The incorporation of important traits underlying sustainable development of the oat crop through combining conventional phenotypic selection with molecular marker technologies (OatLINK).
- The development of markers for beta-glucan will aid the development of oats that meet the needs of the milling industry and capitalise on the proven health benefit of oats.
- OatLINK has aided the promotion of oats as a low input cereal crop, a good break crop which aids cereal rotations with a lower environmental footprint than other cereals, as demonstrated by LCA (Life Cycle Assessment).
- It has also shown how future targeted research can further reduce the environmental footprint of the crop.
The overall objective of OatLINK was to incorporate important traits underlying sustainable development of the oat crop through combining ‘conventional’ phenotypic selection with molecular marker technologies. Although conventional farmers, organic farmers, millers and poultry producers have different aims, there is also much in common in terms of the need for economic competitiveness, good agronomic and disease characteristics and sharing of molecular markers. The objectives of developing marker-assisted selection (MAS) and using it and phenotypic selection to develop and test oats for the milling and poultry industry have been brought together in a single project. Specific objectives were: i) to develop new molecular markers, UK mapping populations and contrasting bulk segregants for use in MAS of important traits, ii) to identify, incorporate, select and evaluate important traits for sustainable production and human consumption, iii) to identify, incorporate, select and evaluate important traits for sustainable production and premium livestock feed and iv) to identify, incorporate, select and evaluate important traits for organic production.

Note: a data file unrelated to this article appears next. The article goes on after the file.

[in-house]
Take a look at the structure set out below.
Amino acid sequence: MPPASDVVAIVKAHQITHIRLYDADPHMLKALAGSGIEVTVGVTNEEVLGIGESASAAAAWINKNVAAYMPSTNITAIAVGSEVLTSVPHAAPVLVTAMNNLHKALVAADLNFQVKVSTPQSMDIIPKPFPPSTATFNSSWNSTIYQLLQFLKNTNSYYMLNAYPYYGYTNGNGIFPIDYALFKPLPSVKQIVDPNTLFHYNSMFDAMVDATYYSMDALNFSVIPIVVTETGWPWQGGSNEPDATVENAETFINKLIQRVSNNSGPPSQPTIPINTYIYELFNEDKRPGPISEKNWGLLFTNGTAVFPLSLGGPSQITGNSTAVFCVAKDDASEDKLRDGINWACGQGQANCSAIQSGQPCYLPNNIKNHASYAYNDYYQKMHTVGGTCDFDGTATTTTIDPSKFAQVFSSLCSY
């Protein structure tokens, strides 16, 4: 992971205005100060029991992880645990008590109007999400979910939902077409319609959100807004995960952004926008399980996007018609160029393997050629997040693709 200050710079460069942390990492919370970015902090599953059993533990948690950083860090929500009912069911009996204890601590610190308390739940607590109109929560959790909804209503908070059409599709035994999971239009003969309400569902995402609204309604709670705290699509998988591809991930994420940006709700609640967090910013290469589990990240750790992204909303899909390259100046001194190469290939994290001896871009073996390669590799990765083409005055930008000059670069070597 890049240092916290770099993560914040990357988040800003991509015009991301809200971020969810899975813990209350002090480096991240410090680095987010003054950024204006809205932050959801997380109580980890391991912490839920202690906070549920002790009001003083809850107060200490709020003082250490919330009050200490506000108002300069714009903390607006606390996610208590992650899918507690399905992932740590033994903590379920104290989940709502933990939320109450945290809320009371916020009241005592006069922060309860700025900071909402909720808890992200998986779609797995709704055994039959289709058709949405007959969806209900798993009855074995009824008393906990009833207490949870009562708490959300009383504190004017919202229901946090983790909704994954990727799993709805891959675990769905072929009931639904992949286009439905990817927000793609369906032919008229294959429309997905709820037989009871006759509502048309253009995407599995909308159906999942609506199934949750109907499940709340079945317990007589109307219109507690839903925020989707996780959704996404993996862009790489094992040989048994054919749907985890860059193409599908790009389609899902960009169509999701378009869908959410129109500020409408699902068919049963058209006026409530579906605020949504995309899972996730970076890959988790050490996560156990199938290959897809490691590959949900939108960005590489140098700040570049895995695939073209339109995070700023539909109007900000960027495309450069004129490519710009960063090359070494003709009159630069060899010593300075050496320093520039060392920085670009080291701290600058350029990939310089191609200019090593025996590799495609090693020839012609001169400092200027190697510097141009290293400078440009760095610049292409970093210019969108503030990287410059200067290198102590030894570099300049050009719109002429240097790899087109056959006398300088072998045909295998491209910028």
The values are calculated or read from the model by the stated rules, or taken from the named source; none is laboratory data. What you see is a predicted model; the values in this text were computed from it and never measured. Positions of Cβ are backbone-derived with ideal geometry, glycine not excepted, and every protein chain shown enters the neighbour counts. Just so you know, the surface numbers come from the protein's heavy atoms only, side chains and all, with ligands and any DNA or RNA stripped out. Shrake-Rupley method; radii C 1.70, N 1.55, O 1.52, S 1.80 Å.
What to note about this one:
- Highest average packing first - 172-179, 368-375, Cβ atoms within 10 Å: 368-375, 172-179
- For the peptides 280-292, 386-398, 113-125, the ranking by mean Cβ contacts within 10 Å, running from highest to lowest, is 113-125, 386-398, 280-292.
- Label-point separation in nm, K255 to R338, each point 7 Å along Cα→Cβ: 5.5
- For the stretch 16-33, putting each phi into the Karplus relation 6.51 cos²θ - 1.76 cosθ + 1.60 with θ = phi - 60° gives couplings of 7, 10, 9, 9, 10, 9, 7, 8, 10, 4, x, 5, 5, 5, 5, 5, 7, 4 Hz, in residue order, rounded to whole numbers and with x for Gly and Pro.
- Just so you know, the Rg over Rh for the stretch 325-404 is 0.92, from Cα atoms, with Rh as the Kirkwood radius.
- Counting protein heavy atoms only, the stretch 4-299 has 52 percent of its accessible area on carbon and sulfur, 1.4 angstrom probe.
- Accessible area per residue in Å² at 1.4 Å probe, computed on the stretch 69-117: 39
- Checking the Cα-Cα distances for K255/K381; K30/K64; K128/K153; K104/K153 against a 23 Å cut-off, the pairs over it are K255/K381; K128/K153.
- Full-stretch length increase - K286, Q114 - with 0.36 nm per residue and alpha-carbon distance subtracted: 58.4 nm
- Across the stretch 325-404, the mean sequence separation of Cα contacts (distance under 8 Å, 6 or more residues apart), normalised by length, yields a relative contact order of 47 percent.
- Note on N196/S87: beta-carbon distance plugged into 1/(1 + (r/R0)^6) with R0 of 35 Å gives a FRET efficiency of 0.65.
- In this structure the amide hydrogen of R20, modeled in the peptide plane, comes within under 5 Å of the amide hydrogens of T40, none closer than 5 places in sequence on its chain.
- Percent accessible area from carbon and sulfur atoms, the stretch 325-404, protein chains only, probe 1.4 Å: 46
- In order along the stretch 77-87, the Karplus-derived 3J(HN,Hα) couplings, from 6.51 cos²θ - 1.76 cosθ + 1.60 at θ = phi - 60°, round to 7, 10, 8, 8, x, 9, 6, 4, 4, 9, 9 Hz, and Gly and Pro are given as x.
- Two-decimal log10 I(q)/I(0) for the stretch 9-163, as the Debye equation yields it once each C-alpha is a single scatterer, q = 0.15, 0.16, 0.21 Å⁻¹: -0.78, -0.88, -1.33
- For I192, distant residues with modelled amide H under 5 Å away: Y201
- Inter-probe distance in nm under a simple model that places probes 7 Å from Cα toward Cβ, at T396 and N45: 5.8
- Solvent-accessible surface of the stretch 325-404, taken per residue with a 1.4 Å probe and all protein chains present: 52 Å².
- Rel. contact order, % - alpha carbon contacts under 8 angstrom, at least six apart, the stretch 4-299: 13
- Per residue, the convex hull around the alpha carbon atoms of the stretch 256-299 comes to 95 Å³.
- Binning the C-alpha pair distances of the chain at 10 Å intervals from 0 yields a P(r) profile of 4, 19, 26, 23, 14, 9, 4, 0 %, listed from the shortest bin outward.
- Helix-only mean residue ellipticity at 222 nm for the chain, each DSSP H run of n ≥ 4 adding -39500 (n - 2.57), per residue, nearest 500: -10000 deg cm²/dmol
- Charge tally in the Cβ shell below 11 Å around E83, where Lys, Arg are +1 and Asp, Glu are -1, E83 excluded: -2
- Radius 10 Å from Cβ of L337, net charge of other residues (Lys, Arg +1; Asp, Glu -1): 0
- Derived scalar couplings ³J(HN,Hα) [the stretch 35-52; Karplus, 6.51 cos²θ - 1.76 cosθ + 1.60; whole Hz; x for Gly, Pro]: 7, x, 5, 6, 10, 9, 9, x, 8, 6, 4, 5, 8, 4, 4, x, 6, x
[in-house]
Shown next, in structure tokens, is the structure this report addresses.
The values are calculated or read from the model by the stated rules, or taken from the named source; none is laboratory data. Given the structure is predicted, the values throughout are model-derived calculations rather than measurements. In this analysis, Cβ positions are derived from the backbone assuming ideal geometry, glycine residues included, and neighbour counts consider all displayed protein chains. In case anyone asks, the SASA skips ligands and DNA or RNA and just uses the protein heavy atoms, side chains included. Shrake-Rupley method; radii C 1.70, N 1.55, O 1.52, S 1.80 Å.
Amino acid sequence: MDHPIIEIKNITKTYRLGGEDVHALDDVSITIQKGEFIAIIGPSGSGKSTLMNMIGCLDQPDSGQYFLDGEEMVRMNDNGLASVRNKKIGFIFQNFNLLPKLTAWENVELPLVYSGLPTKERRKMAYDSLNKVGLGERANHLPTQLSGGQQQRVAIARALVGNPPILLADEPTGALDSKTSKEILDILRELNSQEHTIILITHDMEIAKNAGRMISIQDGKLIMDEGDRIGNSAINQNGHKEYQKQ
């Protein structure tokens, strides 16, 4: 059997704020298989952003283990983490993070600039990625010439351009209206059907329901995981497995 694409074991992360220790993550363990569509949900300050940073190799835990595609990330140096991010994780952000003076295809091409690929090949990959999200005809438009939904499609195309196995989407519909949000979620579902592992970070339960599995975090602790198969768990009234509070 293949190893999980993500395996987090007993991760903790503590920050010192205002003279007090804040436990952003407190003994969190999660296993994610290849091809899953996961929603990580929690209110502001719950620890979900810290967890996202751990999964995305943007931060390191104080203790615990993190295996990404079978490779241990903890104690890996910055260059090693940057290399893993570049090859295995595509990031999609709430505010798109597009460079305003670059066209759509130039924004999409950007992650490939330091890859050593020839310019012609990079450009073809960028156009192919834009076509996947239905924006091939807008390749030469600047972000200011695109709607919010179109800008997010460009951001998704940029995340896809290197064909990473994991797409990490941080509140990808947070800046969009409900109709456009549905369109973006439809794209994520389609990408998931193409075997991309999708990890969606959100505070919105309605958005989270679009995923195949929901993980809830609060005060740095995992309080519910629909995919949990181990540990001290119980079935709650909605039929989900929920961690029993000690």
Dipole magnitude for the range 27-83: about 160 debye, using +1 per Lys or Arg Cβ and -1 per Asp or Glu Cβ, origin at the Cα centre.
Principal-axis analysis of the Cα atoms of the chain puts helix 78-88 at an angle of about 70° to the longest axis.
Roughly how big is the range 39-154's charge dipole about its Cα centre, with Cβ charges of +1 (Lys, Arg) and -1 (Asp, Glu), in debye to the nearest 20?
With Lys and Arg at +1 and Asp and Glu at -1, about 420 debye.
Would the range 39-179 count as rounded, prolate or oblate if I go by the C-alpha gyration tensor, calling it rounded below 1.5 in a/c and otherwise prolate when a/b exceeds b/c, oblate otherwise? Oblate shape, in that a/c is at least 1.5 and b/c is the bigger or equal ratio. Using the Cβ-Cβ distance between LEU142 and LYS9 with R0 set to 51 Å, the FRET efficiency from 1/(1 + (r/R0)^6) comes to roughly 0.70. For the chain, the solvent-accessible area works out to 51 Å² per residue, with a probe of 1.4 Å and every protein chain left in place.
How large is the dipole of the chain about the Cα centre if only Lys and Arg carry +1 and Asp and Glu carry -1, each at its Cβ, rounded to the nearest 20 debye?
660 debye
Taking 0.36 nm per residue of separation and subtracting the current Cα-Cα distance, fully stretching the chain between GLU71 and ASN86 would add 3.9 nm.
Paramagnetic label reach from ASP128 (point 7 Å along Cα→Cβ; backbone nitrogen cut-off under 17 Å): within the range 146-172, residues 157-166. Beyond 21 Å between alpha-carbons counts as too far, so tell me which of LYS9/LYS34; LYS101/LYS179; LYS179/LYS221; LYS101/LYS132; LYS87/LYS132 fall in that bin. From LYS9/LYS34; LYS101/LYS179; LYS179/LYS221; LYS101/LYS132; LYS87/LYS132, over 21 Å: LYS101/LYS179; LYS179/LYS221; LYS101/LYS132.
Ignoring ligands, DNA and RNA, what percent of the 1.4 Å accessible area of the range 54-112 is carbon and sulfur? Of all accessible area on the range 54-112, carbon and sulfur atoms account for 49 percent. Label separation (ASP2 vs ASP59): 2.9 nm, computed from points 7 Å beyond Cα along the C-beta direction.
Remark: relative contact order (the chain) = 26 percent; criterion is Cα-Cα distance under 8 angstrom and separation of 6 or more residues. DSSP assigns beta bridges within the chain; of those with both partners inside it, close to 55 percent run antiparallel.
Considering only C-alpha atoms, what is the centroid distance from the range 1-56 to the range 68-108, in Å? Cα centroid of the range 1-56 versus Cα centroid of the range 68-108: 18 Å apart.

Progress has been made in the development and application of molecular markers and the first winter oat genetic linkage map developed. Phenotyping of populations developed for specific traits has been completed (low lignin husk, beta-glucan) and markers have been identified associated with the dwarfing gene (dw6), components of height and yield, beta-glucan content, oil content and naked character. The project confirmed that increasing oil content increases the energy (ME) value of naked oats, the potential of high oil oats in poultry diets and demonstrated the lower environmental impact per unit of energy provided compared with other cereals. NIR calibrations for oil and N content were developed and the suitability of oats for organic production systems was confirmed with yields of > 7t/ha achieved. Several potential varieties (winter, spring, husked and naked) have been tested for their end-user suitability in conjunction with the milling and poultry industry.